I bought a sample of this ages ago and just discovered it again in the big box of samples as I was looking for a sheng to drink. It immediately told me that I should open the sample bag and set to. When I say a sample, I mean a 100g bag. It is a very generous sample bag. The size of the sample is massively impressive. I had wanted to buy a whole basket, because, I mean, basket of tea. Who wouldn’t? Anyway, I did not because of the additional cost and what if I did not like it? I guess I should have bought the basket then. I like this tea.
I started with a rinse and a 25 second steep. Then I added 10 seconds for each subsequent steep. This seemed to work well and I am now half a dozen steeps into the tea with it only beginning to lose its potency now. It produces a thick dark brew that has woody, cedar and leather notes to it. It’s mellow and sweet, and you can tell that it is produced in similar fashion to shou puerh. The liquor is an almost black dark brown. There is a residual sweetness and a slight mintiness that cools the breath as the aftertaste emerges. Yes, this tea and I are getting along quite well together.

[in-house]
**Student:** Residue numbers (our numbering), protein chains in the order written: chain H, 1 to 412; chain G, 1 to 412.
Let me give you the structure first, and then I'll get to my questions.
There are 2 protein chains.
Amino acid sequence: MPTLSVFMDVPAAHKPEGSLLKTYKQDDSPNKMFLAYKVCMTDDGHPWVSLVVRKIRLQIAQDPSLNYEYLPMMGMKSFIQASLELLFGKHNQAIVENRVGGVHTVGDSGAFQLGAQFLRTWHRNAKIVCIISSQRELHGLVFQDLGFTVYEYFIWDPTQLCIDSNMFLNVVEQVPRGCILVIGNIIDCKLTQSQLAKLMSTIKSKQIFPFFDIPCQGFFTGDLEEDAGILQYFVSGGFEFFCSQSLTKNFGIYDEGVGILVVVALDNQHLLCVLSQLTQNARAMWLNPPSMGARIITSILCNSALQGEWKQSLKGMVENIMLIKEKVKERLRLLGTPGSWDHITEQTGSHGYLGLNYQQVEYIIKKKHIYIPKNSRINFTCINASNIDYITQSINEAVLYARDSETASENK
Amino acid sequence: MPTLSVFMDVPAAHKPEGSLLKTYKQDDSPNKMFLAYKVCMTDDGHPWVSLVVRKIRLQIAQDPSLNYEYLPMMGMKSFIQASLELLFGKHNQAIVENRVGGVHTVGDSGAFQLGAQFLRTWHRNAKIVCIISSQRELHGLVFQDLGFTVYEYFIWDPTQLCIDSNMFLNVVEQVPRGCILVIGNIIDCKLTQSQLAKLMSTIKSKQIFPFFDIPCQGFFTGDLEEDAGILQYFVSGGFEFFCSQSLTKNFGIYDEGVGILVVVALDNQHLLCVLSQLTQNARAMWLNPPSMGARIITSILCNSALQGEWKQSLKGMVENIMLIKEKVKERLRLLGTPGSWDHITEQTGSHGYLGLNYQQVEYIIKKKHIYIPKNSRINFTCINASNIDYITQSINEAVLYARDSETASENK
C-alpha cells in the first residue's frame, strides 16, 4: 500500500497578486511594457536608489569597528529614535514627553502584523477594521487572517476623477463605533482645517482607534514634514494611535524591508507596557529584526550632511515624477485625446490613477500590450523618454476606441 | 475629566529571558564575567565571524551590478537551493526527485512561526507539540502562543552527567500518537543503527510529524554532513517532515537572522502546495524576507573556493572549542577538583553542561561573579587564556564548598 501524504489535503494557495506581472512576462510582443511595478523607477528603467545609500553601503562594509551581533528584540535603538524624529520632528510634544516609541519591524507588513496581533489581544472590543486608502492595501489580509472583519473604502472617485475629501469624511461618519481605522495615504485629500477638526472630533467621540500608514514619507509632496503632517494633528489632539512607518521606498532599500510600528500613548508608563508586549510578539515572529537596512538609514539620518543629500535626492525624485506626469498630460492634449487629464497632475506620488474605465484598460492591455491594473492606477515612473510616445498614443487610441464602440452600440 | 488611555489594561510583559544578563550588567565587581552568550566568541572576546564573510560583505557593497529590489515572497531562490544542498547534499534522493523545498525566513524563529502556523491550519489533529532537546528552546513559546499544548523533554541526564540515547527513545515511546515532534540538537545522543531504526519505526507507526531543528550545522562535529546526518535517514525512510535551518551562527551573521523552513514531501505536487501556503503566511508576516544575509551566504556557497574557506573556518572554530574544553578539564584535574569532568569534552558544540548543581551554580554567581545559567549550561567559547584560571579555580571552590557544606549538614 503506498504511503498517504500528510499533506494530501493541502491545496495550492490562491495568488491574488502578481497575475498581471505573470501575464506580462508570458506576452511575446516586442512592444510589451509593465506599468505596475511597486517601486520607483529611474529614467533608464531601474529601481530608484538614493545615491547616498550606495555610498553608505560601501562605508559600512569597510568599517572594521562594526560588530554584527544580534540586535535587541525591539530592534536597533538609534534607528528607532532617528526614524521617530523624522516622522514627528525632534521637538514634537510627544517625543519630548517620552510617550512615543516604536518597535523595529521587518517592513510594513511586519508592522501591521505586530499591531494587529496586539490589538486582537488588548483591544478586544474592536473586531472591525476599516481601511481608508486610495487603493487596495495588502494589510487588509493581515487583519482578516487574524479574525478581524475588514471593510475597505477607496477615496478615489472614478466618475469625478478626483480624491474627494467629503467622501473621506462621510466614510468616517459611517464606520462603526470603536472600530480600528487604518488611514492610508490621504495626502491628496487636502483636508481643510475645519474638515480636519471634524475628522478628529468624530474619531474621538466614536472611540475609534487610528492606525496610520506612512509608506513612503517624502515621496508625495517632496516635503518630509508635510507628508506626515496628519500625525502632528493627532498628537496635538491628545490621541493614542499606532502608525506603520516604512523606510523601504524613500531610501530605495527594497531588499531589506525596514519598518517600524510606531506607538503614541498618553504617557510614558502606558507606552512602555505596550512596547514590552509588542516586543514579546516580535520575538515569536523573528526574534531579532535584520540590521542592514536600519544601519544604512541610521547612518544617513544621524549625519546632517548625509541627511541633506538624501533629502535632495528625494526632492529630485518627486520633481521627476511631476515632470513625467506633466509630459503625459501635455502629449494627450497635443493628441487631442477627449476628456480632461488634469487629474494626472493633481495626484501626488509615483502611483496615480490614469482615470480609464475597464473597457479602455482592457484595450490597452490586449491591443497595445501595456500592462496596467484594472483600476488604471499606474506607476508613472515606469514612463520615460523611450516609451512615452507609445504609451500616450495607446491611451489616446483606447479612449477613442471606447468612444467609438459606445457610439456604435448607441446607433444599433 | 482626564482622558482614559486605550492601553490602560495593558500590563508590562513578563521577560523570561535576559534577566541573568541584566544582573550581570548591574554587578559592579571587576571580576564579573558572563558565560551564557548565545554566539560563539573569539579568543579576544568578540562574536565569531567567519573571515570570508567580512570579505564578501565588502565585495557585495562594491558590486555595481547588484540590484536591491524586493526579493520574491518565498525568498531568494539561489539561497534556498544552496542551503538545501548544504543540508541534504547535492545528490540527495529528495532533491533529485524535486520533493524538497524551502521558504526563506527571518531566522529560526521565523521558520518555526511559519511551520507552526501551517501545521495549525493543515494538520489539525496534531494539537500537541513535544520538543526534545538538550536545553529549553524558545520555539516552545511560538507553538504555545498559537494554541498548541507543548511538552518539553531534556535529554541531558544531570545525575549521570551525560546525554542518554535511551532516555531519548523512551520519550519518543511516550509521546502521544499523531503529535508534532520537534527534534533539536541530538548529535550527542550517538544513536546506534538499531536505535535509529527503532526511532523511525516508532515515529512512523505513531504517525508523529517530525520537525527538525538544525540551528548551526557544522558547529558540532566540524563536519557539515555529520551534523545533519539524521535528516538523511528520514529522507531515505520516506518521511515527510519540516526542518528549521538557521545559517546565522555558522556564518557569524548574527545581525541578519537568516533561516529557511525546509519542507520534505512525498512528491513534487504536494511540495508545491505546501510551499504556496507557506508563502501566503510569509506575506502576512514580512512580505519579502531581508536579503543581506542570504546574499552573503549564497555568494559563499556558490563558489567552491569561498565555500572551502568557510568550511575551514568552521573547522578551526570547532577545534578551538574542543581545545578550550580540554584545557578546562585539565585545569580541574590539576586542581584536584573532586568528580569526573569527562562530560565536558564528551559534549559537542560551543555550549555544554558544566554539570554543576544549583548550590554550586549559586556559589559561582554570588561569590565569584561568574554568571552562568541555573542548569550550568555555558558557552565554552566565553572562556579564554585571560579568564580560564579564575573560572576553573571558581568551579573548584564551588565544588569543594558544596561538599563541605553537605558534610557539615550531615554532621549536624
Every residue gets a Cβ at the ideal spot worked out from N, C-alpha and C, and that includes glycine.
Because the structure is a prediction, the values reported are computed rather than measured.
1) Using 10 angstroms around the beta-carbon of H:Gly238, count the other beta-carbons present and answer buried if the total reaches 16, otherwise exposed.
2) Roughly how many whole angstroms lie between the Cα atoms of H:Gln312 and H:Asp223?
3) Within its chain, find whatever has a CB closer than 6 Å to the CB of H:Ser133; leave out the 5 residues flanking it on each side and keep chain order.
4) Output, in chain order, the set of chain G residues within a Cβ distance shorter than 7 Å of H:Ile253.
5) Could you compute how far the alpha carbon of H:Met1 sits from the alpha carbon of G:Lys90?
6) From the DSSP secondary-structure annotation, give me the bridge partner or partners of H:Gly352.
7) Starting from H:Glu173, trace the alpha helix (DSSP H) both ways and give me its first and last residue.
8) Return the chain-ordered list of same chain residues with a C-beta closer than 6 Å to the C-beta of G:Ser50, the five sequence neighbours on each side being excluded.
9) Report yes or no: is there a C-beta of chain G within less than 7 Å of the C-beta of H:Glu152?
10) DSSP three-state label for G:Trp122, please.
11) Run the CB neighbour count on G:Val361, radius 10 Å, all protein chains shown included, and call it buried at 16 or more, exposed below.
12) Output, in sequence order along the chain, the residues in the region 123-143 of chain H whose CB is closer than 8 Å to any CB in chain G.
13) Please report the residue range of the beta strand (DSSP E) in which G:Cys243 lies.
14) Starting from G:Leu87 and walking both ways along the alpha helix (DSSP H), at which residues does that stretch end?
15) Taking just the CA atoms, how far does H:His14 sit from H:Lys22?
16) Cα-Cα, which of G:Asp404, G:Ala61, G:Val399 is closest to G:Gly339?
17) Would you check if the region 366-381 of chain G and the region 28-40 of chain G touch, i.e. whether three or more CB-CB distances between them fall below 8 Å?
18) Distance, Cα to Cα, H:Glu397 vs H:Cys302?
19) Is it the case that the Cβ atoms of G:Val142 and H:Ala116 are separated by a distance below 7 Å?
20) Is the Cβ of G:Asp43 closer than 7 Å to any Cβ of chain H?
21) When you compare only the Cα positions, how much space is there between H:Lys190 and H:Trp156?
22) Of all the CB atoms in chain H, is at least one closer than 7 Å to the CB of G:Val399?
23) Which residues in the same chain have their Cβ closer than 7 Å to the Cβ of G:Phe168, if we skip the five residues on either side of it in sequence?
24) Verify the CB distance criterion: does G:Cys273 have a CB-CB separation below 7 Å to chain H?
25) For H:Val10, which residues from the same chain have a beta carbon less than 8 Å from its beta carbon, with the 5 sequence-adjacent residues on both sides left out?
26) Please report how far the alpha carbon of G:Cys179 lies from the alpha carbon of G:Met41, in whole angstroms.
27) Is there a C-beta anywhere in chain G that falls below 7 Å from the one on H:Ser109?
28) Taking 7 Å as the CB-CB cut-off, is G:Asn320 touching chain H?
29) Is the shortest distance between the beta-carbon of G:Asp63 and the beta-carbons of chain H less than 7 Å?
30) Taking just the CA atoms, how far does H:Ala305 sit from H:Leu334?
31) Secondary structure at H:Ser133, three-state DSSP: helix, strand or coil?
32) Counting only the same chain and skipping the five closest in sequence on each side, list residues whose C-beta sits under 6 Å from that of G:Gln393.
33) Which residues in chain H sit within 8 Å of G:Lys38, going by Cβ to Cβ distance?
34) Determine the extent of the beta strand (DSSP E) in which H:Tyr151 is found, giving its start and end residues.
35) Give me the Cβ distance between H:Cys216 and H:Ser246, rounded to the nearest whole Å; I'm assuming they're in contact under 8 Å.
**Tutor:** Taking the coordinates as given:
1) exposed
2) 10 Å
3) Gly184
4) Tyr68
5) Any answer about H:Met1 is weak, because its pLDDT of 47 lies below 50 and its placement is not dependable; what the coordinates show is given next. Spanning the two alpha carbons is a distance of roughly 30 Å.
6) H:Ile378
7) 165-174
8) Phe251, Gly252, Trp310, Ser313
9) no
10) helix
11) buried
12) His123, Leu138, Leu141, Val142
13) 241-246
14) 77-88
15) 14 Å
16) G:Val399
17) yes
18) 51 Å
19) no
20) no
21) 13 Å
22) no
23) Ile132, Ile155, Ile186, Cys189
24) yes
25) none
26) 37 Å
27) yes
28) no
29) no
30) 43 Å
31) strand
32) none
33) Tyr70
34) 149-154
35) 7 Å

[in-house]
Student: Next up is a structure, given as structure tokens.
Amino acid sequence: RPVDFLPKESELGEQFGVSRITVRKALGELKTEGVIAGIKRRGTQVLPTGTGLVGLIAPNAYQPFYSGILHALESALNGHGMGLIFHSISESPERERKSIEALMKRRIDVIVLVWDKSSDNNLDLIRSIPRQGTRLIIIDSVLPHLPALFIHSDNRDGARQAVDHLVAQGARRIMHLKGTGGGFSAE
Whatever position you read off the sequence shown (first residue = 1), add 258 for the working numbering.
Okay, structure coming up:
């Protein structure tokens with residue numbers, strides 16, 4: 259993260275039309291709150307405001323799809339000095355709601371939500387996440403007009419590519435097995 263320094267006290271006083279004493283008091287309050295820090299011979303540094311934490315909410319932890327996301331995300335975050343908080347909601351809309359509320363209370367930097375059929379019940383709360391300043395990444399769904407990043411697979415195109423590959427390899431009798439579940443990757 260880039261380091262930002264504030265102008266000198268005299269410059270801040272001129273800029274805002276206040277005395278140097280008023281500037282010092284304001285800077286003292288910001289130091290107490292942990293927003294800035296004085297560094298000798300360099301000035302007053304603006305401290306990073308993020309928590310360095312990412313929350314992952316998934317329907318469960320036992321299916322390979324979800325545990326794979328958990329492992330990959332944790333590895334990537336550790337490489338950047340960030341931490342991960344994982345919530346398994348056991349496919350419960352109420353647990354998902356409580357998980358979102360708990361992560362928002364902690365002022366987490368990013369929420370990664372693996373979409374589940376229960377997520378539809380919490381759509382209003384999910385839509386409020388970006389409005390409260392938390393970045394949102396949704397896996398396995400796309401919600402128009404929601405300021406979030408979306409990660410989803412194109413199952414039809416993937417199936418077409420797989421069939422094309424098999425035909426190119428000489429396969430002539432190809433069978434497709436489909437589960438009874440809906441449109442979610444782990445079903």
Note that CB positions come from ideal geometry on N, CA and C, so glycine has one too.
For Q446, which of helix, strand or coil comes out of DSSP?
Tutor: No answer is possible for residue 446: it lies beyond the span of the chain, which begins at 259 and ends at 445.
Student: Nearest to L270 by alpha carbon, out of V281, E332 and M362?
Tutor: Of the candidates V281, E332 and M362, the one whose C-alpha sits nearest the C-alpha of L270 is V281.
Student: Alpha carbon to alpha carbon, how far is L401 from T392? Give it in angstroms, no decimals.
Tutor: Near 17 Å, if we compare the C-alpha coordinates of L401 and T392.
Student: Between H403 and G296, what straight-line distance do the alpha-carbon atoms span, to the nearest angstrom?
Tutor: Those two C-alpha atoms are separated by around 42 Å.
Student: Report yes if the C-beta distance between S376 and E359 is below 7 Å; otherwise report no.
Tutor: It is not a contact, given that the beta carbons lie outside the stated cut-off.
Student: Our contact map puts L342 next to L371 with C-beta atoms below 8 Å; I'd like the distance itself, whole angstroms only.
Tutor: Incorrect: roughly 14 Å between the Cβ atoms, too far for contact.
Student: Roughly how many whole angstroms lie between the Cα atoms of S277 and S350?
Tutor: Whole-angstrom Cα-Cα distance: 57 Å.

Flavors: Cedar, Leather, Wood
I was gifted this sample by a fellow Steepsterite who prefers to remain anonymous. Thank you, anonymous friend.